1 Introduction
In this paper we study second order discretetime descriptor systems of the form
(1) 
We will also discuss the initial value problem of the associated singular difference equation (SiDE)
(2) 
together with some given initial conditions
(3) 
Here the solution/state , the inhomogeneity , the input , where , and for each . Three matrix sequences , , take values in , and takes values in . We notice that all the results in this paper also can be carried over to the complex case and they can also be easily extended to systems of higher order. However, for sake of simplicity and because this is the most important case in practice, we restrict ourselves to the case of real and second order systems.
The SiDE (2), on one hand, can be considered as the resulting equation obtained by finite difference or discretization of some continuoustime DAEs or constrained PDEs. On the other hand, there are also many models/applications in reallife, which lead to SiDEs, for example Leotief economic models, biological backward Leslie model, etc, see e.g. Aga00 ; Ela13 ; Kel01 ; Lue79 .
While both DAEs and SiDEs of first order have been wellstudied from both theoretical and numerical points of view, the same maturity has not been reached for higher order systems. In the classical literature for regular difference equations, e.g. Aga00 ; Ela13 ; Kel01 , usually new variables are introduced to represent some chosen derivatives of the state variable such that a high order system can be reformulated as a first order one. Unfortunately for singular systems, this approach may induce some substantial disadvantages. As have been fully discussed in LosM08 ; MehS06 for continuoustime systems, these disadvantages include: (1st) increase the index of the singular system, and therefore the complexity of a numerical method to solve it; (2nd) increase the computational effort due to the bigger size of a new system; (3rd) affect the controllability/observability of the corresponding descriptor system since there exist situations where a new system is uncontrollable while the original one is. Therefore, the algebraic approach, which treats the system directly without reformulating it, has been presented in LosM08 ; MehS06 ; Wun06 ; Wun08 in order to overcome the disadvantages mentioned above. Nevertheless, even for second order SiDEs, this method has not yet been considered.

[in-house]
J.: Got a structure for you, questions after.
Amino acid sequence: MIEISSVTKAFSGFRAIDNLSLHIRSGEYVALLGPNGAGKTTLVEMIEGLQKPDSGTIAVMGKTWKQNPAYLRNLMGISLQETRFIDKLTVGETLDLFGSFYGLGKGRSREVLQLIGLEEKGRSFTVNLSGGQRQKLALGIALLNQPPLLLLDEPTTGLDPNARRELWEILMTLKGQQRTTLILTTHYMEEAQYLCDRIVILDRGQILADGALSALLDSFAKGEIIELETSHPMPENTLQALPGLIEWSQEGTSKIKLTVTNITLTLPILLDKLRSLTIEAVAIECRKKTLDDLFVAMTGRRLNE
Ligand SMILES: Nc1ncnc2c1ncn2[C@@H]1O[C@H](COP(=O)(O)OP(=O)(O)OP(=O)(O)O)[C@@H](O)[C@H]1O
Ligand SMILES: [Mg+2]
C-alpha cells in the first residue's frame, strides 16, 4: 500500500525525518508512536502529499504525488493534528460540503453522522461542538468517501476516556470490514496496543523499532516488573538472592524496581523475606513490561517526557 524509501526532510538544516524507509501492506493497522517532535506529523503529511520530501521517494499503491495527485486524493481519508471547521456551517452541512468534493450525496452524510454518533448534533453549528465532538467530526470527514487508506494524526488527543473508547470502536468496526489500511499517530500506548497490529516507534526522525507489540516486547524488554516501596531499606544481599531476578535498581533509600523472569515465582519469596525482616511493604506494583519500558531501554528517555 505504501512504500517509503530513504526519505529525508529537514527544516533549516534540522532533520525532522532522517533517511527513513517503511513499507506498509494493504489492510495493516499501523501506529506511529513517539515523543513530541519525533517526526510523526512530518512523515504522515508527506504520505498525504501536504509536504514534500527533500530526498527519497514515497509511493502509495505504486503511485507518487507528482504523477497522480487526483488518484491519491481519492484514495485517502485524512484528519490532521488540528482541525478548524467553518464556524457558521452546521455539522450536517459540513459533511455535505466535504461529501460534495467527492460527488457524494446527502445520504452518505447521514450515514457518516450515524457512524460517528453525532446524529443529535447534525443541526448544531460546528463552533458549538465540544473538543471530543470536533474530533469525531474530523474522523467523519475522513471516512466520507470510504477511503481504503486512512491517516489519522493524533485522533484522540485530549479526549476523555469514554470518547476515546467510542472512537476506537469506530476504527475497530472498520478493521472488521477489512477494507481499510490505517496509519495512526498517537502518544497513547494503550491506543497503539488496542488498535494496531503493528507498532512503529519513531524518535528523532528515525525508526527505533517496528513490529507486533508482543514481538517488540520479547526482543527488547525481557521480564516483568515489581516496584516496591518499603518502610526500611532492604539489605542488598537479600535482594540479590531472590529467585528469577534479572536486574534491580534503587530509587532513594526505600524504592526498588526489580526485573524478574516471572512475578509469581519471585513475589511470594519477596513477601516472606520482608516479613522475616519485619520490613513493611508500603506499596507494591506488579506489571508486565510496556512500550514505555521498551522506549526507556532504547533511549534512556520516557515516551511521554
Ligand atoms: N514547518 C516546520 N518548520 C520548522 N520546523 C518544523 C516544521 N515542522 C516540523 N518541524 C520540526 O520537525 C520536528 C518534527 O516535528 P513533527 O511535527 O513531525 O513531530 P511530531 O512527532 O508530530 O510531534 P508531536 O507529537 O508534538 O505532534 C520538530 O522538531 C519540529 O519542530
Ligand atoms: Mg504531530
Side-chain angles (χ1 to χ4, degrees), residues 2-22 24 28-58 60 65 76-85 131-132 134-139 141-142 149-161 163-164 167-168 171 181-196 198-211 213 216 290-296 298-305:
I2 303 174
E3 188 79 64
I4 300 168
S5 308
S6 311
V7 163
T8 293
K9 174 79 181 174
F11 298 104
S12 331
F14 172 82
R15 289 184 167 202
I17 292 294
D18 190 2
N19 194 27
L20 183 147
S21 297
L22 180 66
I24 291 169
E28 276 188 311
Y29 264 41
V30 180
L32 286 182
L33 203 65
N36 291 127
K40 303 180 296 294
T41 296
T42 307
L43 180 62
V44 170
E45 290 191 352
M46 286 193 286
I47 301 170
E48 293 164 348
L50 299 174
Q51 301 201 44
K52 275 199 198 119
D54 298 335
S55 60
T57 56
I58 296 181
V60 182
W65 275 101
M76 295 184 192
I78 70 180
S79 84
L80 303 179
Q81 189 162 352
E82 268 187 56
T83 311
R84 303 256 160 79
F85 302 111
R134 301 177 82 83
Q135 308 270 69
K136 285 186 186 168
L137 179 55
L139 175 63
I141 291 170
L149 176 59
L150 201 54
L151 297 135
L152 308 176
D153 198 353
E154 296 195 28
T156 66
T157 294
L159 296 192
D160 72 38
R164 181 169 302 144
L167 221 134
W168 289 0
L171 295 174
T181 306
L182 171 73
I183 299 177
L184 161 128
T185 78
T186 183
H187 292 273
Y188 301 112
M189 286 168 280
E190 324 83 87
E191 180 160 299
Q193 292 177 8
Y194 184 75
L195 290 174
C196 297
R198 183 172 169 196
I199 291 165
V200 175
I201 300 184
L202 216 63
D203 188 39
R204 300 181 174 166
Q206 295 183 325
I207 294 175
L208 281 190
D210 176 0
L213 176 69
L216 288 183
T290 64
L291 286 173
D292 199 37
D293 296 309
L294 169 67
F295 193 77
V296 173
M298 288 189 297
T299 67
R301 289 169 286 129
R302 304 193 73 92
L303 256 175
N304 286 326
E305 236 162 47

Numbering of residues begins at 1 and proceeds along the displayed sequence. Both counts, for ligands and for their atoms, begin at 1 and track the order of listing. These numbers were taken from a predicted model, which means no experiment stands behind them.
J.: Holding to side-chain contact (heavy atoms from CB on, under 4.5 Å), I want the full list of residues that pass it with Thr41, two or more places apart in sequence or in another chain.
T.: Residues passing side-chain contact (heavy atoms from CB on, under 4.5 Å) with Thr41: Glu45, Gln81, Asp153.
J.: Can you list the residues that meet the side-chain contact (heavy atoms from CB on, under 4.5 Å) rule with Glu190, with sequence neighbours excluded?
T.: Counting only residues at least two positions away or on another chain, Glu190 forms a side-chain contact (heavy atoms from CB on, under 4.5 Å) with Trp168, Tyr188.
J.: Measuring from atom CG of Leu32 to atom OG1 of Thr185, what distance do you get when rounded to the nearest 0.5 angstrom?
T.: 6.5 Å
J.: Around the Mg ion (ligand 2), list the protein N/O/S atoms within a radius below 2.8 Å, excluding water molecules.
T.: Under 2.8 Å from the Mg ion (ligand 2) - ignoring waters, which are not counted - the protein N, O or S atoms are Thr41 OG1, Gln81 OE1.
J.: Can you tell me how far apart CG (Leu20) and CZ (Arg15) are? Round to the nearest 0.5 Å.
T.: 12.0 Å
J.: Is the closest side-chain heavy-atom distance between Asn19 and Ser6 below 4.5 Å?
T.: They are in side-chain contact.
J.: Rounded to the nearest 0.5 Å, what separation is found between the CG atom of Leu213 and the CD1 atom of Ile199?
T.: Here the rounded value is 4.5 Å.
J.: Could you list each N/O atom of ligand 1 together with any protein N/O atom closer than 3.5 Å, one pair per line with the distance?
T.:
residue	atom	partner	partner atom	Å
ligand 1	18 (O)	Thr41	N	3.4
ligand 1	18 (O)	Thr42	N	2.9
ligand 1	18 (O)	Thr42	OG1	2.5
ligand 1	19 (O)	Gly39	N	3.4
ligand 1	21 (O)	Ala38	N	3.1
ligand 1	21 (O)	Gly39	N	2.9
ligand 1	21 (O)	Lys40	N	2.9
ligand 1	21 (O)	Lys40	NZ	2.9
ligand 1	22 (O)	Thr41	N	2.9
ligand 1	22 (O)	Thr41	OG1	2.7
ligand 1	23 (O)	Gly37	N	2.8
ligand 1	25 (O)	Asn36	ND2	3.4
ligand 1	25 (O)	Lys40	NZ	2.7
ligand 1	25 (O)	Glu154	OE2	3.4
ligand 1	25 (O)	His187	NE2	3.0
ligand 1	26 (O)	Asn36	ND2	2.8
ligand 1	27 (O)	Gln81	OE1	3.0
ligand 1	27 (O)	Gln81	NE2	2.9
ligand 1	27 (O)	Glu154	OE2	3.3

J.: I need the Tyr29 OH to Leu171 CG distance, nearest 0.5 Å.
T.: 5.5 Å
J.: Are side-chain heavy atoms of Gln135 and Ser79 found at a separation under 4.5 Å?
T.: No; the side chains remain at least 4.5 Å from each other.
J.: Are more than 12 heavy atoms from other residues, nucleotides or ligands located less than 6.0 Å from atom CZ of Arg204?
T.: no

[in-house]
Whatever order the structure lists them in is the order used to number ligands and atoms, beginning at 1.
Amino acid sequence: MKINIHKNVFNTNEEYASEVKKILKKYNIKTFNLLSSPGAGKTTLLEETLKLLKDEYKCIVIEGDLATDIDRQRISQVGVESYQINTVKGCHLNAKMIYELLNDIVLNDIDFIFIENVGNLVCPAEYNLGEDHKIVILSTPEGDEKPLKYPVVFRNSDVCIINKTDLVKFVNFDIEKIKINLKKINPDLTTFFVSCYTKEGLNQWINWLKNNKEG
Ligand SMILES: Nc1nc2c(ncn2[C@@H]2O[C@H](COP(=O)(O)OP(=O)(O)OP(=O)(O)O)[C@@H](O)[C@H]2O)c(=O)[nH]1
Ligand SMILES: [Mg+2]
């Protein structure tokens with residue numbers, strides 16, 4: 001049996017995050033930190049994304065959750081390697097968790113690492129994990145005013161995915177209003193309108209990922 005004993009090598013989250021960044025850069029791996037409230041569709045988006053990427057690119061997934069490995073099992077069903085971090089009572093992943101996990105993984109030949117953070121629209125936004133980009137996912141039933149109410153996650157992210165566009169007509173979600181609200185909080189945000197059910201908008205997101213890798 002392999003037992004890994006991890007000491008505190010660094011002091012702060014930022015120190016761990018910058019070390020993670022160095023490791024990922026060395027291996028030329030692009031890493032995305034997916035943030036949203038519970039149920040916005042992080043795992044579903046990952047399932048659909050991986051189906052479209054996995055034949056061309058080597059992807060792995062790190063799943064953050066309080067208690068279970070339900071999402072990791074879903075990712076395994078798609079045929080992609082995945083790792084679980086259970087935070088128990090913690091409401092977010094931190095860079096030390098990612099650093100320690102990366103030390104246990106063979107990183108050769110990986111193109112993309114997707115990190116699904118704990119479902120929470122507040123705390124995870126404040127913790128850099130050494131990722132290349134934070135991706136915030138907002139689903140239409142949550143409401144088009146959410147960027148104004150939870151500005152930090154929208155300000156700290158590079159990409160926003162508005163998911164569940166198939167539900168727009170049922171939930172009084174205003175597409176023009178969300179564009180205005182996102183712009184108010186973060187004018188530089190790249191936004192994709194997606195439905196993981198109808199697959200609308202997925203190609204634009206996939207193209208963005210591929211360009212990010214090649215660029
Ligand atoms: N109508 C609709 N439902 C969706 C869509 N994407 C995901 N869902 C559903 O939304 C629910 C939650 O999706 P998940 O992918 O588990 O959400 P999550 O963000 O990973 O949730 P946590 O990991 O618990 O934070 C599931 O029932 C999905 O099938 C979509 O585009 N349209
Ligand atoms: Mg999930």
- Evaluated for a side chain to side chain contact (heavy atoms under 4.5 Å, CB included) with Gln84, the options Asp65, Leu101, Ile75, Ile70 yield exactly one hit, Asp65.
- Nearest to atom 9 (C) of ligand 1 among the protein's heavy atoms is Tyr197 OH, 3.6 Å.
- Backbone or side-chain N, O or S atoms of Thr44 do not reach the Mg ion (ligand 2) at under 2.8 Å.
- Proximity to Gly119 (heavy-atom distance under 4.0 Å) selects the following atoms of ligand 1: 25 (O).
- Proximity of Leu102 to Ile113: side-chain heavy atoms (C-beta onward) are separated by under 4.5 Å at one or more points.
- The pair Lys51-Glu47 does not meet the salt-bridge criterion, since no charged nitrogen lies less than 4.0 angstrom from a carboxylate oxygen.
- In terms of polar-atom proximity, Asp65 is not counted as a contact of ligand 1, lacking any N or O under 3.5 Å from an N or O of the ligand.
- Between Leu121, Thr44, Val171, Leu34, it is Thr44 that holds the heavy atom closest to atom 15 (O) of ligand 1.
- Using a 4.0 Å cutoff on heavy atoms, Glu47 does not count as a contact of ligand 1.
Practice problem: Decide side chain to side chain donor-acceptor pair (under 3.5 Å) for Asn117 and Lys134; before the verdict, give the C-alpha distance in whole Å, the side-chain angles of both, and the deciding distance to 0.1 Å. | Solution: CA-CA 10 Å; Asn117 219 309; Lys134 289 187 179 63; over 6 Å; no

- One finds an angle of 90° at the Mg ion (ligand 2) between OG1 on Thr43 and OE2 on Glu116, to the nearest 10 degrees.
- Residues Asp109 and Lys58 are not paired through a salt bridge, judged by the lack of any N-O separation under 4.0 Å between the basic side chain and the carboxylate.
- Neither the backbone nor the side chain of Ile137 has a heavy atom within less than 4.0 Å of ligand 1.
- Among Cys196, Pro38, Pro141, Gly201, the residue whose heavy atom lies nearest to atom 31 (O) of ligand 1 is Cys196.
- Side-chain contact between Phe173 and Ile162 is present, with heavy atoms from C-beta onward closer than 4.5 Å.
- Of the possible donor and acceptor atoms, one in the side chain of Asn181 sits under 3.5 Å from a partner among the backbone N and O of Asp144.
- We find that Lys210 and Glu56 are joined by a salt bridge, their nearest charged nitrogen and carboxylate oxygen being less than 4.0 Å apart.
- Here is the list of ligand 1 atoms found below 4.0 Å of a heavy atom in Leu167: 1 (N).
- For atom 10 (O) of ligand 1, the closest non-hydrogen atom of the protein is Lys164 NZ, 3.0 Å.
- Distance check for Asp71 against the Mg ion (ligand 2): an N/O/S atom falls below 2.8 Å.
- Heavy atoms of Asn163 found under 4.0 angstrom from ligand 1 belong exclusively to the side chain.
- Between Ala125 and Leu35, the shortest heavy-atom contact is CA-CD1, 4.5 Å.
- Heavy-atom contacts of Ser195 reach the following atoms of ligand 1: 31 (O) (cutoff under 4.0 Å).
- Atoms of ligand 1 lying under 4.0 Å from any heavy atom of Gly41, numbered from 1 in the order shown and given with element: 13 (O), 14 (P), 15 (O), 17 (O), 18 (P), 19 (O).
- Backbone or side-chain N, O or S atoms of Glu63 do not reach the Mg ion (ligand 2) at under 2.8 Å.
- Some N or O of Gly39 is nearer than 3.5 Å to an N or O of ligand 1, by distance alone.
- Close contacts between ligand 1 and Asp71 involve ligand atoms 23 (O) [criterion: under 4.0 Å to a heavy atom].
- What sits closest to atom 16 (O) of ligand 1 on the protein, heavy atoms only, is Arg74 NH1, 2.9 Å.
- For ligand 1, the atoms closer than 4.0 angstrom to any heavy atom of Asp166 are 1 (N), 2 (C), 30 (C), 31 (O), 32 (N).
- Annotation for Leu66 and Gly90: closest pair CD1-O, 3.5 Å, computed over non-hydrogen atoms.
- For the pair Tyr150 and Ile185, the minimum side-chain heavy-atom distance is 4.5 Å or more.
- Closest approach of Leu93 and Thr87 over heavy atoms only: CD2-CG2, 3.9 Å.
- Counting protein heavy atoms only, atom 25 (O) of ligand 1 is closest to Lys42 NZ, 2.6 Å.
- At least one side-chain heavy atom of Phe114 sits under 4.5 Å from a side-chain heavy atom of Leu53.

Another motivation of this work comes from recent research on the stability analysis of high order discretetime systems with timedependent coefficients LinNT16 ; MehT15 . In these works, systems are supposed to be given in either strangenessfree form or linear statespace form. This, however, is not always the case in applications, and hence, a reformulation procedure would be required.
Therefore, the main aim of this article is to set up a comparable framework for second order SiDEs and for discretetime descriptor systems as well. It is worth marking that the algebraic method proposed in LosM08 ; MehS06 is applicable theoretically but not numerically due to two reasons: (1st) The condensed forms of the matrix coefficients are really big and complicated; (2nd) The system’s transformations are not orthogonal, and hence, not numerically stable. In this work, we will modify this method to make it more concise and also computable in a stable way.